You Don't Mess With The Zohan

Out Now On-Demand

The prolific Adam Sandler stars as Zohan, a tough-as-nails Israeli commando who fakes his own death in order to pursue his dream: being a hair stylist in New York City.

It's got his two genius co-stars from Mr. Deeds; Johnny McEnroe and John Turturro, as well as Chris Rock and the always great Henry Wrinkler. Co-written by the golden boy of comedy, Judd Apatow (Superbad, Knocked Up, The 40-Year-Old Virgin).

Trailers

Directed by

Comedy

113mins

Rating: M ontains offensive language and sexual references

USA

Official Site

flicks

Adam Sandler has big aims with You Don’t Mess with the Zohan. As the film goes on, it becomes increasingly clear that his goal for the work is nothing less than bringing about peace in the Middle East.

Picture this: a group of Israeli and Palestinian stereotypes, some of them white Americans in crude brownface, stand airing their differences. It’s pointed out that Americans dislike all of them equally; the crowd erupts into laughter, a character pointing out (in exaggerated raspy accent), “well, we do all look the same!”

You start to wonder if Sandler, eminent humorist though he is, may be doing this particular cause more harm than good.

Oh, certainly, his depiction of the immigrant experience as a disheartening, humourless grind of nauseating humiliation may give bigots pause before they toss jibes at the next Middle Eastern expatriate to cross their path; after all, one of those expatriates might be a cocoa-buttered-up Rob Schneider, and if we as a society can agree on one thing, it’s that Rob Schneider is not to be laughed at.

And his choice to give the film’s cast of broad ethnic stereotypes a bizarre mixture of Spartans-esque reference-in-lieu-of-wit faux-humour and lame, outdated cultural callbacks (most of the film’s anti-Semite jabs use Mel Gibson as their punchline, in reference to an event that took place in 2006) is in keeping with the quietly tragic fish-out-of-water tone, which might be charitably dubbed “poor man’s Borat”.

The picture’s constant parade of misery wears on, however: 113 minutes feel like 130, so bereft are they of anything that might conceivably be called “a joke” or “humour”. Sandler and cowriter Judd Apatow have made a brave attempt at cultural change here, but should in the future stick to comedy.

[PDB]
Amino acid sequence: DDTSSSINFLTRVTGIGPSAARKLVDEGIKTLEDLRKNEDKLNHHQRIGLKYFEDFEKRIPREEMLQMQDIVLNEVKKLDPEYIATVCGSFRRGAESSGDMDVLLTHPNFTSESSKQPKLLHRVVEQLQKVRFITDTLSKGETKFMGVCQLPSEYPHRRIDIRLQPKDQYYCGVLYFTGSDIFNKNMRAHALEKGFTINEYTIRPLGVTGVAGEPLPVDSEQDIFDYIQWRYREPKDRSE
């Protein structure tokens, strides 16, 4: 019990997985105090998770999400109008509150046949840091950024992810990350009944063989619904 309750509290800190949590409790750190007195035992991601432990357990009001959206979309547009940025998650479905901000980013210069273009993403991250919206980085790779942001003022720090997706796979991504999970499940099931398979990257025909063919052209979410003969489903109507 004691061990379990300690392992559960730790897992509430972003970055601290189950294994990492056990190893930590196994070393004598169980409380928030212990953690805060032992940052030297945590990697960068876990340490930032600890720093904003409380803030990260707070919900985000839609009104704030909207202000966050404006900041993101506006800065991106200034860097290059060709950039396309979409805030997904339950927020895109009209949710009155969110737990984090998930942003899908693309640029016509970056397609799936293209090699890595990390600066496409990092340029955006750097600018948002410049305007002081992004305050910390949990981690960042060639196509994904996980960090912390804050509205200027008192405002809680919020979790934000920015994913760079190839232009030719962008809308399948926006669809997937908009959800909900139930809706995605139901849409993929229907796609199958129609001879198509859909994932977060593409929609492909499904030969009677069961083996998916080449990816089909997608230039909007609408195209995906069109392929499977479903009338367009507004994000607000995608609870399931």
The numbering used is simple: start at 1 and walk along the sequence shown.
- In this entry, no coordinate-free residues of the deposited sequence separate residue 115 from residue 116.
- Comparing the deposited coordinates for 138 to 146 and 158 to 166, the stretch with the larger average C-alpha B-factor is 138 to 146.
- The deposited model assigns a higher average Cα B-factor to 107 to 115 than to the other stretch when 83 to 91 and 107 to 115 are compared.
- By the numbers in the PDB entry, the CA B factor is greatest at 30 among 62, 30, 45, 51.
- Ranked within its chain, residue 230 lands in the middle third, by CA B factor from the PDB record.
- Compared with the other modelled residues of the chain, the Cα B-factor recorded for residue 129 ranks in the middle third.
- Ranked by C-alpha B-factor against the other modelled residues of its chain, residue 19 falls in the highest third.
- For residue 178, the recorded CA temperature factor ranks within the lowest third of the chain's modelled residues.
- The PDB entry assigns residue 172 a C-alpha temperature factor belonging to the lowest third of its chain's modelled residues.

Hollywood Reporter

press

The comedy star's legions of fans will welcome the cheerfully crude proceedings as a return to silliness after several earnest, lower-key character turns. The melange of Middle East diplomacy, action absurdity, sexual healing and, when in doubt, hummus, wavers between muscular and middling. It's a surefire hit.

Los Angeles Times

press

As another run-of-the-mill Sandler movie, it is better than most. At this point it seems a little foolish to want, let alone expect, "more" from the guy. If he can't be bothered to put more effort into his films, why should anybody else?

NZ Herald [Francesca Rudkin]

press

It's also heavily reliant on cultural references to Jews and Palestinians and cliched views of how Americans see Middle Eastern immigrants. It shows Sandler at his silliest, and has occasional amusing moments, but you have to be a very forgiving fan to cope with its near two-hour running time.

Rolling Stone [USA]

press

By the end of the film, the cliché of everybody getting along is reduced to both sides working together in the ultimate monument to capitalism: a mall. Some message.

Salon.com

press

The movie "Munich" should have been. At the very least, it's got to be the first picture to use smelly-feet jokes as a means of parsing the Israeli-Palestinian conflict. But more than that, it's a mainstream movie that dares to make jokes about the kinds of complex political realities that most of us don't dare bring up at dinner parties.

The Christchurch Press [James Croot]

press

Despite a mid-career attempt at breaking out of his comfort zone with the likes of Punch Drunk Love and Spanglish, America's favourite man-child has recently returned to his routinely mediocre and mildly misogynist formula. Depressingly, the originality of his early delights like Happy Gilmore has been replaced by a predictable Carry On-esque mix of scatological gags, sex jokes, animal cruelty and a Rob Schneider cameo.

Variety [USA]

press

The off-the-wall comedy of Robert Smigel and Judd Apatow leaves a mark on the script, but it would require a talent of Peter Sellers' magnitude to conquer this material, and he's not around.

You Want Hummus or some sticky sticky

Im a huge Adam Sandler fan love his films except for Punch Drunk Love.Adam plays the role of a Israeli Counter Terios operative who is a babe magnet in Israel but he gets sick and tired of these and wants to become a hairdresser and decides to move to America lots of bad Sex jokes and is the usual Adam Sandler Fare but is really funny

Disgusting

user


Disgusting

One of the worst freakin' films ever. I'm sorry, but the occasional laughter will NOT overlook the blatant stereotyping, sick sexual references and the animal abuse.

This film should crash, burn and die, be boycotted, and labelled as one of the circles of hell.

GOLD

user


GOLD

Absolute gold. :D

Poor

user


Poor

this is Sandler at his worst. Great Flicks review though! Far funnier than the film.

Absolutely terrible.

user


Absolutely terrible.

I'm an Adam Sandler fan, but this is amongst his worst. And when he's bad he's bad.

Laugh Out Loud!!!

user


Laugh Out Loud!!!

I really enjoyed this movie


Had it moments

laughed outloud a few times but not much. Liked the portrayal of the Palestinian/Israeli conflict. Took t2 11 year old boys who laughed at the sightgag stuff but didn't get the sexual stuff. So for Adam Sandler not his best wo9rk but ok overall

great movie

user


great movie

I LOVED THIS MOVIE IT WAS AWESOME AND I ENJOYED EVERY MINUTE OF IT